Plato 3: Plato on Growing Old

Having turned seventy- two last week, I could not resist the temptation to write this blog. I’m in the process of researching a series of blogs on Plato’s Republic. I hadn’t opened a copy of the Republic since I was a sophomore in college. Imagine my surprise when I opened up a copy only to remember that he begins with a discussion of old age! How timely. It’s a reminder that philosophy is the love of wisdom and involves loving wisdom in all of the stages of life. For the next few weeks, I am going to look at ancient Greek philosophy and then at one of the most important works of the 20th century, The Free Society and its Enemies by the philosopher of science Karl Popper, who reads Plato as a totalitarian.

By all accounts, the Republic is Plato’s masterpiece. Plato lives from around 428 B.C. until about 348 B.C. He came from a fine family, about which we will learn more as we begin examining his political thinking. The book was written around 375 B.C. or somewhere in Plato’s mid-50s. By this time, Plato had seen a good deal of political corruption and intrigue and wrote the Republic seeking to examine the nature of justice and outline the character of an ideal state. There is every reason to believe that, before he died, his enthusiasm for the ideal society had waned in the face of political realities. Modern people, having lived through the disappointments of the Viet Nam War, the two Gulf Wars and other political misadventures and decadence can sympathize with Plato. We all seek an ideal community, but as our look at Political Realism underscored, our ideals are not attainable in this world and the attempt to attain them creates much suffering.

Ancient Greece and Our Society

We live in a society, that worships youth, physical stamina, good looks, high intelligence, virility, power, success, and all of the external things of life. Interestingly, many observers attribute this to the victory of the Greco-Roman roots of our society over the Judeo-Christian roots. This victory gained intellectual dominance during the Enlightenment and has been gaining steam throughout the Modern world. For all intents and purposes, it is now utterly victorious.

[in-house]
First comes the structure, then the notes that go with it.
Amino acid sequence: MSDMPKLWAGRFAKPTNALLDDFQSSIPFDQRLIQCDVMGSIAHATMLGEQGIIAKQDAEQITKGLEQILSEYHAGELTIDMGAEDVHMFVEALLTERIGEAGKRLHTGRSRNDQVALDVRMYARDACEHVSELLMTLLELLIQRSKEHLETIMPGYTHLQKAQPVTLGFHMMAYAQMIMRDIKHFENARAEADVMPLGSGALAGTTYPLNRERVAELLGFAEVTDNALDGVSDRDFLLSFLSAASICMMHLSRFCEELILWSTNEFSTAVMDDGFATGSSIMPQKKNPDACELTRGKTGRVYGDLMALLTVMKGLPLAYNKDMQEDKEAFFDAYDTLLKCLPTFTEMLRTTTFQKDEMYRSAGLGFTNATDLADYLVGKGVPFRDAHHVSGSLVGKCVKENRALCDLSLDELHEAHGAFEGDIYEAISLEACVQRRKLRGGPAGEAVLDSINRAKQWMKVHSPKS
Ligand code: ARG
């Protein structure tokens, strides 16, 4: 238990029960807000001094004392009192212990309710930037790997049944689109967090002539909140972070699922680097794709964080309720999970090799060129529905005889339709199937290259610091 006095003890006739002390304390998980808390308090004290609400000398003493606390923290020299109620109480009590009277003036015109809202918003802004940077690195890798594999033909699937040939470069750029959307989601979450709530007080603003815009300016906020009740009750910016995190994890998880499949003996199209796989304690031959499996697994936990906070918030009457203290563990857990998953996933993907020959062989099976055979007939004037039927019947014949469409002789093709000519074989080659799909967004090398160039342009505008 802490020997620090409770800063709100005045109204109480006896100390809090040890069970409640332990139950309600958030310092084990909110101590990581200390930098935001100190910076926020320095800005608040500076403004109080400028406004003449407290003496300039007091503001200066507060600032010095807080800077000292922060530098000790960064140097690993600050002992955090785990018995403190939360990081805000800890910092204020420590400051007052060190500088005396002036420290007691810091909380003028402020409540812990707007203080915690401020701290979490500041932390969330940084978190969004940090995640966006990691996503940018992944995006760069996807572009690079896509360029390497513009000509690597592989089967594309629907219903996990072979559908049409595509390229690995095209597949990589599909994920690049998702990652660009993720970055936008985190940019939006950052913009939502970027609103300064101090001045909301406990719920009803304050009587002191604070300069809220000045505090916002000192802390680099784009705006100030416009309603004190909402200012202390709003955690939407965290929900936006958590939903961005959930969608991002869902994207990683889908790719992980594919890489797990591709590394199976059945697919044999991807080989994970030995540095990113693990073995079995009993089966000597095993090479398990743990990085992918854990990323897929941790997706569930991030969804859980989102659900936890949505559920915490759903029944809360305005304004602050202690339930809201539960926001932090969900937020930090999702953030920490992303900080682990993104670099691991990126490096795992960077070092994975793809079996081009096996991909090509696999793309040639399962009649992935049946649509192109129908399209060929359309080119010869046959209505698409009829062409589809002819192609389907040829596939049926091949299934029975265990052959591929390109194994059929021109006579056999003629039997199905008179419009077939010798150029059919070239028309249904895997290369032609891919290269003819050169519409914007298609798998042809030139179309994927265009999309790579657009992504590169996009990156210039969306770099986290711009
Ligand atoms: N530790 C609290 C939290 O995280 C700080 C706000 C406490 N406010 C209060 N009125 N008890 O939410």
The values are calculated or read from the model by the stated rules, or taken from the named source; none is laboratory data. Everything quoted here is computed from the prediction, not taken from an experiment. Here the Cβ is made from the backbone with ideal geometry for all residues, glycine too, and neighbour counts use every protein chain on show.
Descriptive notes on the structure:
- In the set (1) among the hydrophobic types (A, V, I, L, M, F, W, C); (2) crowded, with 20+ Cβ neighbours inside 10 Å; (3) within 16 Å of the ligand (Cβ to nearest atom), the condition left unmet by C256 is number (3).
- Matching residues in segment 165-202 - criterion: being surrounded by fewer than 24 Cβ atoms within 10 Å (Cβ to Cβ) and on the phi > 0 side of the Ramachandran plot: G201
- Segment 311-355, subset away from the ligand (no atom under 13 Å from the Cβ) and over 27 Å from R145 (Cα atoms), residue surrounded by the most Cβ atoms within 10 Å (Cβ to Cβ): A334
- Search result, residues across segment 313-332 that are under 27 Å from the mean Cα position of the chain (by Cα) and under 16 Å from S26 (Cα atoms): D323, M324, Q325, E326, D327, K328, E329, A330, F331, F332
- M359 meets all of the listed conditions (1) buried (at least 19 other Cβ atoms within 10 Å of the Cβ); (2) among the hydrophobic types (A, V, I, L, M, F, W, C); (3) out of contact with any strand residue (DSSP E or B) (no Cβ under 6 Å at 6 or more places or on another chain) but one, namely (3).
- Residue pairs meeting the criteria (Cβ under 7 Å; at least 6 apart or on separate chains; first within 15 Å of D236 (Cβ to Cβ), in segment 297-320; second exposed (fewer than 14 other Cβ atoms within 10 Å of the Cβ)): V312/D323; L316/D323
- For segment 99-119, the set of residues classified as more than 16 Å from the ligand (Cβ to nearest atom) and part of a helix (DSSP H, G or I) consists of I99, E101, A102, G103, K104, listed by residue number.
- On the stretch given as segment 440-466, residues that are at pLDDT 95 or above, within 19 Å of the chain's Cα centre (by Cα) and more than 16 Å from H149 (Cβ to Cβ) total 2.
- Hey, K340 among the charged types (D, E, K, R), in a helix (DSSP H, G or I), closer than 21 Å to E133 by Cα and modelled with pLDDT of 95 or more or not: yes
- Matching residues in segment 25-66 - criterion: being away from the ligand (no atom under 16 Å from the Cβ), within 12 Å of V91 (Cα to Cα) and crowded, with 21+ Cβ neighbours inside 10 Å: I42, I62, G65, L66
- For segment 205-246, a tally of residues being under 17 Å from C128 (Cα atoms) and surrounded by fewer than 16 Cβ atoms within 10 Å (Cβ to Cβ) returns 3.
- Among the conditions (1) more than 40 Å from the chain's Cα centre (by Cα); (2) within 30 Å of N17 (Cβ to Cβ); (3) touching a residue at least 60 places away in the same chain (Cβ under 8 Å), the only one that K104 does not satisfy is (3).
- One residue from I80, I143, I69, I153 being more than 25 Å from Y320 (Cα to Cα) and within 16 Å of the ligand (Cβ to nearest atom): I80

I think that this view is incorrect. Why? Perhaps it is my training in theology, but the plain fact is that, while Greek popular culture worshiped the body, and Greek art celebrates a certain perfectionist view of the body, Greek thought was deeply ambiguous towards the physical world.  The Greek mind was captivated by the difference between the physical world,  which is always changing and in process, and the ideal world which is not physical and endures forever. In Plato’s thought the changelessness of the ideal world gives order to the changeability and instability of the material world.

By the First Century, what we call “Gnosticism” had developed as the fruit of the Greek ambivalence towards the physical world. The Gnostics held that human beings could be saved from the flux of creation by attaining secret knowledge. This idea resulted in many different Christian sects having many different ideas about the implications of Gnosticism. For some, there was a denial of the value of the body and of the physical world that resulted in asceticism. For others, the fact that the body did not matter resulted in pervasive physical immortality. In whatever form it took, Gnosticism exalted the importance of knowledge, and on that basis, we live in a deeply gnostic age.

We also live in an age in which the elderly are not necessarily respected. This is an interesting and relatively new phase of Western civilization and is not characteristic of other civilizations. For example, Confucian culture respects and honors the aged. [1] This past week, after certain public disclosures about the sitting president, a successful business person tweeted that there are too many older people in politics. I think that this was intended a jab at the former President, the current President, the current Minority leader of the Senate, and the former Speaker of the House. My take on this is that the problem with our political system is the age of its leaders, but with their basic character, which they had when younger. There must also be a problem with an electorate that continues to elect such people to public office.

The Republic on Old Age

The Republic begins with Socrates and Polemarches, the son of Cephalus, meeting on the road from Piraeus to Athens. When they arrive at his home, Socrates and Cephalus s discuss the benefits and burdens of old age. Cephalus welcomes Socrates, telling him that he wishes Socrates would come more often because as Cephalus’ physical desires have diminished his love for conversation has increased. Socrates replies, that he enjoys talking with the very old, for the elderly, possess, wisdom about aging and are further along on the road of life than those who are younger. By this affirmation, Socrates is affirming the traditional respect with which the aged were thought due.